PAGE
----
John Faber Jr.
Faber was born in The Hague, the son of the artist John Faber Senior, and learned mezzotint and drawing from his father after the family's move to London. He then enrolled at the St. Martin's Lane Academy.
In later life Faber resided at the Golden Head in Bloomsbury Square, London, where he died of "gout" on 2 May 1756. From the inscription on a masonic portrait of Frederick, Prince of Wales, it appears that Faber was a Freemason himself. According to Horace Walpole, his widow, of whom there is an engraving by Faber from a portrait by Thomas Hudson, remarried a lawyer of the name of Smith.
Among his early works were portraits of Charles I of England (1717), Charles XII of Sweden (1718), Sir George Byng (1718), Eustace Budgell (1720), and others. Faber presents the transitional period from Kneller to that of Joshua Reynolds and Thomas Gainsborough. More than 400 of his portraits survive.
His works include a whole-length of Jane Collier, and one of Father Couplet (from a picture by Kneller at Windsor); also the portraits of Charles II in his robes of state (after Lely), Ignatius Loyola (after Titian), Don Jose Carreras (after Kneller), and the six aldermen known as "Benn's Club" (after Hudson). He published sets of engravings, among the best known being The Beauties of Hampton Court, The Five Philosophers of England, and The Members of the Kit-Cat Club: the Kit-Cat Club at one time held its meetings in Fountain Court, The Strand, London, where Faber also lived. Faber was engaged on the engravings from 1731 to 1735, and in the latter year they were published by him and Jacob Tonson.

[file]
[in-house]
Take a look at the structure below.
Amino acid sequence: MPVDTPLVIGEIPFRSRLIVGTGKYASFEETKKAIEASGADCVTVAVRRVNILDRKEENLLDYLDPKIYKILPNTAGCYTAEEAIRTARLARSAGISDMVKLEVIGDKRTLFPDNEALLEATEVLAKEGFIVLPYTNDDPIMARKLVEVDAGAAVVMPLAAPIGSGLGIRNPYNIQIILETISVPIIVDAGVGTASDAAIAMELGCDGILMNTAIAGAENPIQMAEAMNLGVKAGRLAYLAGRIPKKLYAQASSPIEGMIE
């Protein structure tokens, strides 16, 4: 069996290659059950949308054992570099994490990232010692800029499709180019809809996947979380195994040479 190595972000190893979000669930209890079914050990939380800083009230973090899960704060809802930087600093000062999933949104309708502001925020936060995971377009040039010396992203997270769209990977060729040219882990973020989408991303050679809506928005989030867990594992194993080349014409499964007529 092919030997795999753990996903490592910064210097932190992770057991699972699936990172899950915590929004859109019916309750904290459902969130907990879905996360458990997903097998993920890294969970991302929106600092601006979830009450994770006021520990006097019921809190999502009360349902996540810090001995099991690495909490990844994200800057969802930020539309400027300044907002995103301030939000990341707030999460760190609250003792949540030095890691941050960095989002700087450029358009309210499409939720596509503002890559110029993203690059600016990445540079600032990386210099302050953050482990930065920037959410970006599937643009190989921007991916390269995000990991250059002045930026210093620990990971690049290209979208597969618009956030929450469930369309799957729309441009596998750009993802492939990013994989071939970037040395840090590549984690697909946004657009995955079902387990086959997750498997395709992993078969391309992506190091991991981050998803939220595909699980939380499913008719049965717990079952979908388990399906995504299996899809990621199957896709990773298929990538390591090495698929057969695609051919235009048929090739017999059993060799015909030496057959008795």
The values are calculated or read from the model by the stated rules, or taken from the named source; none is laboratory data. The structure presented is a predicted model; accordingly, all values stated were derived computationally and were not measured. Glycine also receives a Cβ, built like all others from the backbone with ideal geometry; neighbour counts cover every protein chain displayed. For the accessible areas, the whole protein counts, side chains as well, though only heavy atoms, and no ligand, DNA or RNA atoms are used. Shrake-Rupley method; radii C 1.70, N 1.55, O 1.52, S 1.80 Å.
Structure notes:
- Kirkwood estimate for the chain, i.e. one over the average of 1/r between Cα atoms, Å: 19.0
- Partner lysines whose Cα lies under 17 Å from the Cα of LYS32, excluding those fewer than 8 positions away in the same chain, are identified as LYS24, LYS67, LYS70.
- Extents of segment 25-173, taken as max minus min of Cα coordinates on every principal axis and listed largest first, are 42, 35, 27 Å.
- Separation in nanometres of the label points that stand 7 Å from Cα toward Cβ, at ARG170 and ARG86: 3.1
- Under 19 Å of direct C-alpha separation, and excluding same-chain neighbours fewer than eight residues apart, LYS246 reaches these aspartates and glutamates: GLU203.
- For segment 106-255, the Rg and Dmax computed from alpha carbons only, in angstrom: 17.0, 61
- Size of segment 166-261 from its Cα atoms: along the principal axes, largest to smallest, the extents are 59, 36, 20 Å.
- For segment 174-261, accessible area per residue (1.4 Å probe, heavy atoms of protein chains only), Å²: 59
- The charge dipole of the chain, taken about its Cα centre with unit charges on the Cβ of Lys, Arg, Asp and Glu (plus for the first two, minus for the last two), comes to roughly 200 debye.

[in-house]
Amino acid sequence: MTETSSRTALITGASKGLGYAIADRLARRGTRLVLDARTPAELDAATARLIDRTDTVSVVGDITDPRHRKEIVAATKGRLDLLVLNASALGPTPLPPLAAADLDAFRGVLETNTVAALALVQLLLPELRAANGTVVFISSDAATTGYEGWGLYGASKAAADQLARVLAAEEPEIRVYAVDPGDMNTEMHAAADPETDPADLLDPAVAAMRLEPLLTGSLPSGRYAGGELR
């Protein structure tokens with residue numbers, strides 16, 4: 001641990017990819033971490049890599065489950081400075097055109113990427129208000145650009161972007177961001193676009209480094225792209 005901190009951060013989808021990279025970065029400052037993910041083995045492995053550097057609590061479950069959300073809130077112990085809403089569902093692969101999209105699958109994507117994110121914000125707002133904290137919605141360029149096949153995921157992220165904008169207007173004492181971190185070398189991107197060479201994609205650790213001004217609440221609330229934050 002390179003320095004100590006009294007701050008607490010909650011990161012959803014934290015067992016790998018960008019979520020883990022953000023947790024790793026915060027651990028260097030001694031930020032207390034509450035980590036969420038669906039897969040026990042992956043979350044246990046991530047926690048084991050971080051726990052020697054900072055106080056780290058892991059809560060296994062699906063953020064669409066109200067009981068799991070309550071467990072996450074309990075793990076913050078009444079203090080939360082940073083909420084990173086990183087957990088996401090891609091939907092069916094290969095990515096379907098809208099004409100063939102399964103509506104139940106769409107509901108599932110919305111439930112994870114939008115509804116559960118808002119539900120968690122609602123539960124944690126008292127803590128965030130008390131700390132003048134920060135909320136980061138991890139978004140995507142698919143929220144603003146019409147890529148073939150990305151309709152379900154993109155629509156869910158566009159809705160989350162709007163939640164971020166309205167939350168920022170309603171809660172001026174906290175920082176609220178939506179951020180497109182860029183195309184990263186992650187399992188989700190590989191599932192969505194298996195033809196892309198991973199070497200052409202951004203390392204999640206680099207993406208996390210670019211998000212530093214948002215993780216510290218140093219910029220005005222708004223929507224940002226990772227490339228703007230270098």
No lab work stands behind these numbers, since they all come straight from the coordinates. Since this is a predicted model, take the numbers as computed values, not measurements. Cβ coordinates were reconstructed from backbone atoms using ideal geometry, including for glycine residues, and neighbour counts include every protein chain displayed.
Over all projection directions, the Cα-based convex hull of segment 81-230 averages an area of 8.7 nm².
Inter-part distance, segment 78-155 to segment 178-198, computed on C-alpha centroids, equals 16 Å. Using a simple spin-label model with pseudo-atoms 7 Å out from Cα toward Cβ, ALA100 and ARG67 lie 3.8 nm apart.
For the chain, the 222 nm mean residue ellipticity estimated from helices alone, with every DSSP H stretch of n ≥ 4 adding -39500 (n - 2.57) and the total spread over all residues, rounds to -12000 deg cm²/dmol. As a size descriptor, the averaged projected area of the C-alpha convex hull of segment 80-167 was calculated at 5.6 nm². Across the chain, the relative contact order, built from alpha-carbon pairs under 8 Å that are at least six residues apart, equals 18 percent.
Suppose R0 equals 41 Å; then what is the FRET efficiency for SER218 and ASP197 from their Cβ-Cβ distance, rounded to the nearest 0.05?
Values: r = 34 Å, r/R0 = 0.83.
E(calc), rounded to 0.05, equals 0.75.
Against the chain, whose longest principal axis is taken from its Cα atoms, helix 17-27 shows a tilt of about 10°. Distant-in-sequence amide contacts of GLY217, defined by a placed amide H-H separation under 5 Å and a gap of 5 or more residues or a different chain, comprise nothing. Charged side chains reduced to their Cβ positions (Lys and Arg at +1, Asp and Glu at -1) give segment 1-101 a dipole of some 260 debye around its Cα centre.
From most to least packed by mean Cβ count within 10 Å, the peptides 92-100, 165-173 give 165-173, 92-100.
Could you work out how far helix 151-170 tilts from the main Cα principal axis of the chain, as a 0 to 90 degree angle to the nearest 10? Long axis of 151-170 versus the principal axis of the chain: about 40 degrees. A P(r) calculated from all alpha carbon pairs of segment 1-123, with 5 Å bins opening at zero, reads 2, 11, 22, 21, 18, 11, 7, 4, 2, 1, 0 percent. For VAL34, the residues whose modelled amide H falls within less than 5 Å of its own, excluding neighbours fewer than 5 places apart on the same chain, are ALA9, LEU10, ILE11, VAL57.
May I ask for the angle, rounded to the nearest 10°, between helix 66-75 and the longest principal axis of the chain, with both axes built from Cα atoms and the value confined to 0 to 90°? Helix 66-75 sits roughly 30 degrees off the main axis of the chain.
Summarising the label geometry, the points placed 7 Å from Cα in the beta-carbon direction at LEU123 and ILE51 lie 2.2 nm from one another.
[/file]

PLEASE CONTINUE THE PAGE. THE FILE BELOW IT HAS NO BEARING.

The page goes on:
Faber occasionally produced other types of subject, such as The Taking of Namur (after Jan Wyck), St. Peter (after Anthony van Dyck), Salvator Mundi (after Robert Browne), and domestic subjects after Philip Mercier.
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